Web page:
Do Outcomes in Elective Colon and Rectal Cancer Surgery Differ by Weekday? An Observational Study Using Data From the Dutch ColoRectal Audit

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Abstract

Background: Previous studies showing higher mortality after elective surgery performed on a Friday were based on administrative data, known for insufficient case-mix adjustment. The goal of this study was to investigate the risk of adverse events for patients with colon and rectal cancer by day of elective surgery using clinical data from the Dutch ColoRectal Audit. Patients and Methods: Prospectively collected data from the 2012–2015 Dutch ColoRectal Audit (n=36,616) were used to examine differences in mortality, severe complications, and failure to rescue by day of elective surgery (Monday through Friday). Monday was used as a reference, analyses were stratified for colon and rectal cancer, and case-mix adjustments were made for previously identified variables. Results: For both colon and rectal cancer, crude mortality, severe complications, and failure-to-rescue rates varied by day of elective surgery. After case-mix adjustment, lower severe complication risk was found for rectal cancer surgery performed on a Friday (odds ratio, 0.84; 95% CI, 0.72–0.97) versus Monday. No significant differences were found for colon cancer surgery performed on different weekdays. Conclusions: No weekday effect was found for elective colon and rectal cancer surgery in the Netherlands. Lower severe complication risk for elective rectal cancer surgery performed on a Friday may be caused by patient selection.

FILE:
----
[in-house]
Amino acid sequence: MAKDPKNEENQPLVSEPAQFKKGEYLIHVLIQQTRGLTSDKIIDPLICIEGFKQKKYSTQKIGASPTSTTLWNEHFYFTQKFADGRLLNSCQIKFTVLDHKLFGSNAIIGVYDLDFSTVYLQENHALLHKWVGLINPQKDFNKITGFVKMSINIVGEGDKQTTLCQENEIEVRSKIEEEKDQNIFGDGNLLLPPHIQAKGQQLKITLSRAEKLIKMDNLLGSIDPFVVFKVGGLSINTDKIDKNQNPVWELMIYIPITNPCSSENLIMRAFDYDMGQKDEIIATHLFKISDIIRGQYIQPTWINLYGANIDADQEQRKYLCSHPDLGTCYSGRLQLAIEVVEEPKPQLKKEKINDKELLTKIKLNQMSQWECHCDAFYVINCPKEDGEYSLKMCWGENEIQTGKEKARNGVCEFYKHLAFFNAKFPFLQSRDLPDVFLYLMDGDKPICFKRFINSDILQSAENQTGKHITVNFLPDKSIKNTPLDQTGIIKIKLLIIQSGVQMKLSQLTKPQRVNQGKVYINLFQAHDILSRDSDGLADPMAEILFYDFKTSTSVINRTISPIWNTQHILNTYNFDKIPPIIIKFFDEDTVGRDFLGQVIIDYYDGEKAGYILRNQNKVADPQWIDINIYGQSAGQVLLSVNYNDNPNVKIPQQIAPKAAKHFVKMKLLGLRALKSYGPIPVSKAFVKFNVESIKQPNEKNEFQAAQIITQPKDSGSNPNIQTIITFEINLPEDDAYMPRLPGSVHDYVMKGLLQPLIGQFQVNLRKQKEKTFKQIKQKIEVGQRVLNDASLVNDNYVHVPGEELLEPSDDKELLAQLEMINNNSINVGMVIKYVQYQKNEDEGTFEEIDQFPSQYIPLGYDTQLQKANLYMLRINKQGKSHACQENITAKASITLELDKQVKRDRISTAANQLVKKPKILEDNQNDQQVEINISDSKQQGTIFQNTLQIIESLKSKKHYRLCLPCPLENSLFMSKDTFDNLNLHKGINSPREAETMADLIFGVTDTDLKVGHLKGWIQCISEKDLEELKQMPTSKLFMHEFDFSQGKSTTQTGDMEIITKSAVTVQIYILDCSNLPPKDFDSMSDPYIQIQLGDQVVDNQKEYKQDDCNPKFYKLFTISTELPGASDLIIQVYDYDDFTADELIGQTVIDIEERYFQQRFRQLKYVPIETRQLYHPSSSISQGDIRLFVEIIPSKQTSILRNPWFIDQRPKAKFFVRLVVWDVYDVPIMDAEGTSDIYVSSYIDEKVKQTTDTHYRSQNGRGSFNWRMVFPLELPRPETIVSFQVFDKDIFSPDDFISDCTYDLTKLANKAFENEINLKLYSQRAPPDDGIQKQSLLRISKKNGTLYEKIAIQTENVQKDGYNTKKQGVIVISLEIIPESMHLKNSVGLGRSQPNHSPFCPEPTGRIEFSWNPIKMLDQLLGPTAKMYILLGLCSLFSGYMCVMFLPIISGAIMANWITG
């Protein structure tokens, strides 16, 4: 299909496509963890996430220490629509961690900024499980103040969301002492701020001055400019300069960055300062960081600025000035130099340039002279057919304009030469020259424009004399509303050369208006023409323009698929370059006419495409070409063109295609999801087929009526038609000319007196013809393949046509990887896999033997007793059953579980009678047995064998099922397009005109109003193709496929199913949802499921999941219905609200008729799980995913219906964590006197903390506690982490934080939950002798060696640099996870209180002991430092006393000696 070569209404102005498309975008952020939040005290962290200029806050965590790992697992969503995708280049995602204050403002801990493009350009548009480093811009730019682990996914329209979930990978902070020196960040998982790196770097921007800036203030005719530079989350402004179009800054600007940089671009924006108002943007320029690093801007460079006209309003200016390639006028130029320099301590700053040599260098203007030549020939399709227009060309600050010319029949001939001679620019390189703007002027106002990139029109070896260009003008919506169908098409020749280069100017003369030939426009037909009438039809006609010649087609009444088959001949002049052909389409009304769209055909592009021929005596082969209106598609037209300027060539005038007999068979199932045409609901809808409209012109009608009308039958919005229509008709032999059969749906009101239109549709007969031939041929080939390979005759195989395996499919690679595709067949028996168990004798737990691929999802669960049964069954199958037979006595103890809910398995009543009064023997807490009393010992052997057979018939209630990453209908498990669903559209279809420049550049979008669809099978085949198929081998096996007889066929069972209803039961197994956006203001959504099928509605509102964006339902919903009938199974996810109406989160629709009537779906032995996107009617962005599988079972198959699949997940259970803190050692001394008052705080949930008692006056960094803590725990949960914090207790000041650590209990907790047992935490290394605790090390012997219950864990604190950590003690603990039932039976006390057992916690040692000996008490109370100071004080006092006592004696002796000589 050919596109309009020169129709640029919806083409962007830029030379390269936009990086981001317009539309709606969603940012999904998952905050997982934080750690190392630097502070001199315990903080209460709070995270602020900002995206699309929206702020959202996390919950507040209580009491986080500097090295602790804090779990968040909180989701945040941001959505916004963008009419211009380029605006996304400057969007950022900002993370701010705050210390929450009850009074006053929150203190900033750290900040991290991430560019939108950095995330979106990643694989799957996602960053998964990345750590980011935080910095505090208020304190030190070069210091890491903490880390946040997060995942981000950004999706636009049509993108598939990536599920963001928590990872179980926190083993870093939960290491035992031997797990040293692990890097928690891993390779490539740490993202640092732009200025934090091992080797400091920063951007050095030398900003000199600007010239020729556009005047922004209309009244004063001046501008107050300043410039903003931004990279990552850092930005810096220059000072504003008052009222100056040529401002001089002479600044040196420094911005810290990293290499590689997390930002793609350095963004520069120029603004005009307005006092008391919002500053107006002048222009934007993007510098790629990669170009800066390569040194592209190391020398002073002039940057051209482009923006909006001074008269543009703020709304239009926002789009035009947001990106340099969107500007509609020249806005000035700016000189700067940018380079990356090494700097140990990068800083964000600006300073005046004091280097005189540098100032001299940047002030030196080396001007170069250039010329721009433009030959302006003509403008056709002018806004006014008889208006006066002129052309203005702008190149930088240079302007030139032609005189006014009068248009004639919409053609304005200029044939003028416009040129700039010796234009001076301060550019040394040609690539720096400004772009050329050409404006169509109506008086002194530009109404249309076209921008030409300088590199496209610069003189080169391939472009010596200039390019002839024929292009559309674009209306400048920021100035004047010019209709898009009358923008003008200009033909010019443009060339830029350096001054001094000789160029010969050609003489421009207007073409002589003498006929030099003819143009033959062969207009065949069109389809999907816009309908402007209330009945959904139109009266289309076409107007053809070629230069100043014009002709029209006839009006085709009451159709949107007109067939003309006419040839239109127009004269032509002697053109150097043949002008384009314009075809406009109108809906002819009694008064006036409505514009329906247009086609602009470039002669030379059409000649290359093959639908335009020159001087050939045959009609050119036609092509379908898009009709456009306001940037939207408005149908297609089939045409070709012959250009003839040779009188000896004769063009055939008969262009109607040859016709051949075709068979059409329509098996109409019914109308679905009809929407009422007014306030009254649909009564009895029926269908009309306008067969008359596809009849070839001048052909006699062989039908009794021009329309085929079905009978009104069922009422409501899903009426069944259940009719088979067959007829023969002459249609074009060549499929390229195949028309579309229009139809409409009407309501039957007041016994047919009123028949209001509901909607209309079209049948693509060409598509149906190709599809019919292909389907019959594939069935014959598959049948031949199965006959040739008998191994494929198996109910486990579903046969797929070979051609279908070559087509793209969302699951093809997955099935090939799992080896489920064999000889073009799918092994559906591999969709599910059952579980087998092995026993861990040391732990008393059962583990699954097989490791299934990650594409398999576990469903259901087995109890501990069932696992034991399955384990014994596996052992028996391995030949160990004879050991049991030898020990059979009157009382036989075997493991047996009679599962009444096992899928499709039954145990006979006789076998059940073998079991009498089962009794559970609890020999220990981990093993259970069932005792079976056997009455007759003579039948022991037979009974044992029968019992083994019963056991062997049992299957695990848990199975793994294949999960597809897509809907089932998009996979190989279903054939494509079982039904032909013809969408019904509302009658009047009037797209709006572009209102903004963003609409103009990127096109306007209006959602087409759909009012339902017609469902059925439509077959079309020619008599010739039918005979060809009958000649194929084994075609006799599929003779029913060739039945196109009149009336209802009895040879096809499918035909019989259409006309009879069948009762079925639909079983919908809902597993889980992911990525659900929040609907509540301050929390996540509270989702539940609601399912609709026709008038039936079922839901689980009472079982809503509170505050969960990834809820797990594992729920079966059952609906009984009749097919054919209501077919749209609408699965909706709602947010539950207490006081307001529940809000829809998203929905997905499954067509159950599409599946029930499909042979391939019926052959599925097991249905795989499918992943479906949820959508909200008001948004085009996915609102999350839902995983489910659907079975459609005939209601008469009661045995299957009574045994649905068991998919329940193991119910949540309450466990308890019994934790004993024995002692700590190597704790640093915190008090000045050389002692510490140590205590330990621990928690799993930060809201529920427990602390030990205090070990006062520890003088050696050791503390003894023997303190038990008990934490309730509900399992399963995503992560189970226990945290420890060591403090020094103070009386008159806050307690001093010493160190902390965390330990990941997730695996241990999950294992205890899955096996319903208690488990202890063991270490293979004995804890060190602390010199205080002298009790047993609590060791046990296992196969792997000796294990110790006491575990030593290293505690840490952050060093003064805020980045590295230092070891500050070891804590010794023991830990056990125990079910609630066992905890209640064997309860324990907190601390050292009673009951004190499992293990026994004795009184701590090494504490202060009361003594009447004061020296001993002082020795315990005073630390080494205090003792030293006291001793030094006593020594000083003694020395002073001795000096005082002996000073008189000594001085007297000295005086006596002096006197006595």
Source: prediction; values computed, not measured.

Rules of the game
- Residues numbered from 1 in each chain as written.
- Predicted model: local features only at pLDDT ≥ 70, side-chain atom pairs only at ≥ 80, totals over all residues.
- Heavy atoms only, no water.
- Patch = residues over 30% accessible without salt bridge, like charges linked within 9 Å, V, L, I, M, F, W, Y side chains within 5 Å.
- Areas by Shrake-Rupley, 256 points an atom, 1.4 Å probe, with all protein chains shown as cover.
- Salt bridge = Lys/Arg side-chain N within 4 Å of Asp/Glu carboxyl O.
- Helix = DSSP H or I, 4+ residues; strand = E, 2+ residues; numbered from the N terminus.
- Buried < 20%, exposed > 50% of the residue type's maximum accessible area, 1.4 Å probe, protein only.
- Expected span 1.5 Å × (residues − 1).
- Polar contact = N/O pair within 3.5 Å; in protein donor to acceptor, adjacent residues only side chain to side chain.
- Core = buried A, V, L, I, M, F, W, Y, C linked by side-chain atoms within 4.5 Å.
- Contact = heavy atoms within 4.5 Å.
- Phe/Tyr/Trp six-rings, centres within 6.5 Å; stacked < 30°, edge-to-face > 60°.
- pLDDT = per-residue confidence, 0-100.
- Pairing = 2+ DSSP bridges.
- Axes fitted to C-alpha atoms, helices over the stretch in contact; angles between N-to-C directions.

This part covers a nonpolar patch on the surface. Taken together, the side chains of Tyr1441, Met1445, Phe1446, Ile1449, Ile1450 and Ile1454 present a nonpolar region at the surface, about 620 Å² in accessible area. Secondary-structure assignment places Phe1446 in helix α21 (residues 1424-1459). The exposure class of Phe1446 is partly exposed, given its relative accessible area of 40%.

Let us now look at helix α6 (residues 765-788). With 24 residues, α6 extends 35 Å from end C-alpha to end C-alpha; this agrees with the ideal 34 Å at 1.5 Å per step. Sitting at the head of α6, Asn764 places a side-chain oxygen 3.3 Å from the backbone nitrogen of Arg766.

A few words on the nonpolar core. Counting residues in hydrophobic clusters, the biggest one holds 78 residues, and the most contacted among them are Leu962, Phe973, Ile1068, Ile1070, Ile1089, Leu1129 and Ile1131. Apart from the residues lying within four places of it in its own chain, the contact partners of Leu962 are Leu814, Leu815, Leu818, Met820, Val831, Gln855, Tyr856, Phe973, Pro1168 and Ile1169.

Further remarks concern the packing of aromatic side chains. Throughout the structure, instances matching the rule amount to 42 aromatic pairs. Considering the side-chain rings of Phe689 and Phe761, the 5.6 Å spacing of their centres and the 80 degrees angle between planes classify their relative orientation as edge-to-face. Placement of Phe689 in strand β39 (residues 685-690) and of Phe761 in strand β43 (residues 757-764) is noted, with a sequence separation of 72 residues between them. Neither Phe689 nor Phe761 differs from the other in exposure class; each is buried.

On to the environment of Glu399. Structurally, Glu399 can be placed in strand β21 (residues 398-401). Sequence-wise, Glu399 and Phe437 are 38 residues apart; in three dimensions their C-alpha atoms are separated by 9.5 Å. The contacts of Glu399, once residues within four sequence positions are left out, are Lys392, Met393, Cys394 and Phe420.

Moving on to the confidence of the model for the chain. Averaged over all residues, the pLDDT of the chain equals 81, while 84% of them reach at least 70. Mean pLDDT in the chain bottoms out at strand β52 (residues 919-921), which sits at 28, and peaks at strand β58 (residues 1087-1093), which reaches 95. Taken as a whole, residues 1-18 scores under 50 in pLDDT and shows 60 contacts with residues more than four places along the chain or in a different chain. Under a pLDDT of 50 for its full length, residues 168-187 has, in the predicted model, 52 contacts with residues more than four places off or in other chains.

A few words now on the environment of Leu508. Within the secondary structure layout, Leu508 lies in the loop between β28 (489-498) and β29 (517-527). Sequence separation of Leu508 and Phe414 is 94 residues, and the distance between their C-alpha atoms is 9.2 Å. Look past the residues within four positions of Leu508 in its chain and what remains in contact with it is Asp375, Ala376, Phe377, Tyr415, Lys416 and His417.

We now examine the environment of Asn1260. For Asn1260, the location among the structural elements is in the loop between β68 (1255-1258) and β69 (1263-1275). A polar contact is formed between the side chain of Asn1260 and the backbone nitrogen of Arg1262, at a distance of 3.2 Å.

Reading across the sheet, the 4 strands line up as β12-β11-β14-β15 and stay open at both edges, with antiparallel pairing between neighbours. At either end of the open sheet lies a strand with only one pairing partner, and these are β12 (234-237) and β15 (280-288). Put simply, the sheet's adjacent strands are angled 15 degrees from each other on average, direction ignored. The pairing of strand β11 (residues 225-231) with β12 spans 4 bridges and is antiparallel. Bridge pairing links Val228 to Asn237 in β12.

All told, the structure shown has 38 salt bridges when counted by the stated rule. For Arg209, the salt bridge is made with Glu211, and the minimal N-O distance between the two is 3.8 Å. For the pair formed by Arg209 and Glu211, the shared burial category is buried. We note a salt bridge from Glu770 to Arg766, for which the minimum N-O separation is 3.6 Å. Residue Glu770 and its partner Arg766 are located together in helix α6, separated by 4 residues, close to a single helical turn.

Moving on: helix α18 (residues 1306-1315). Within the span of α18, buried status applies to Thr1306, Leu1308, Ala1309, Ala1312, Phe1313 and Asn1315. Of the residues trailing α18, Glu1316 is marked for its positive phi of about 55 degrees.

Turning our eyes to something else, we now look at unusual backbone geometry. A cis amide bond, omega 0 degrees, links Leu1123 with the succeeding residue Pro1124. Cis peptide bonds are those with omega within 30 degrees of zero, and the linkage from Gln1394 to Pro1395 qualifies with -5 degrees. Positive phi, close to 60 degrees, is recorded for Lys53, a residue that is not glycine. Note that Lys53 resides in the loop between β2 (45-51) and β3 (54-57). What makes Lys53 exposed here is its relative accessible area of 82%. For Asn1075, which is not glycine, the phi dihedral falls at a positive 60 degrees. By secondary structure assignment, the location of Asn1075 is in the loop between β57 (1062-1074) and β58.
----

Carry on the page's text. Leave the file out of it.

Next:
Submitted October 22, 2018; accepted for publication February 6, 2019.Author contributions: Study design: Guicherit, Marang-van de Mheen. Data analysis and interpretation: Huijts, Dekker, van Groningen, Marang-van de Mheen. Manuscript preparation: Huijts, Marang-van de Mheen. Critical revision: Guicherit, Dekker, van Groningen, van Bodegom-Vos, Bastiaannet, Govaert, Wouters, Marang-van de Mheen.Disclosures: The authors have disclosed that they have no financial interests, arrangements, or affiliations with the manufacturers of any products discussed in this article or their competitors.Funding: This study was funded by an unrestricted grant from the Dutch Cancer Society (UL2015-7772). The Dutch Cancer Society did not influence the article in any way.Correspondence: Perla J. Marang-van de Mheen, PhD, Department of Biomedical Data Sciences, Medical Decision Making, Leiden University Medical Center, Albinusdreef 2, 2333 ZA, Leiden, the Netherlands. Email: p.j.marang@lumc.nl
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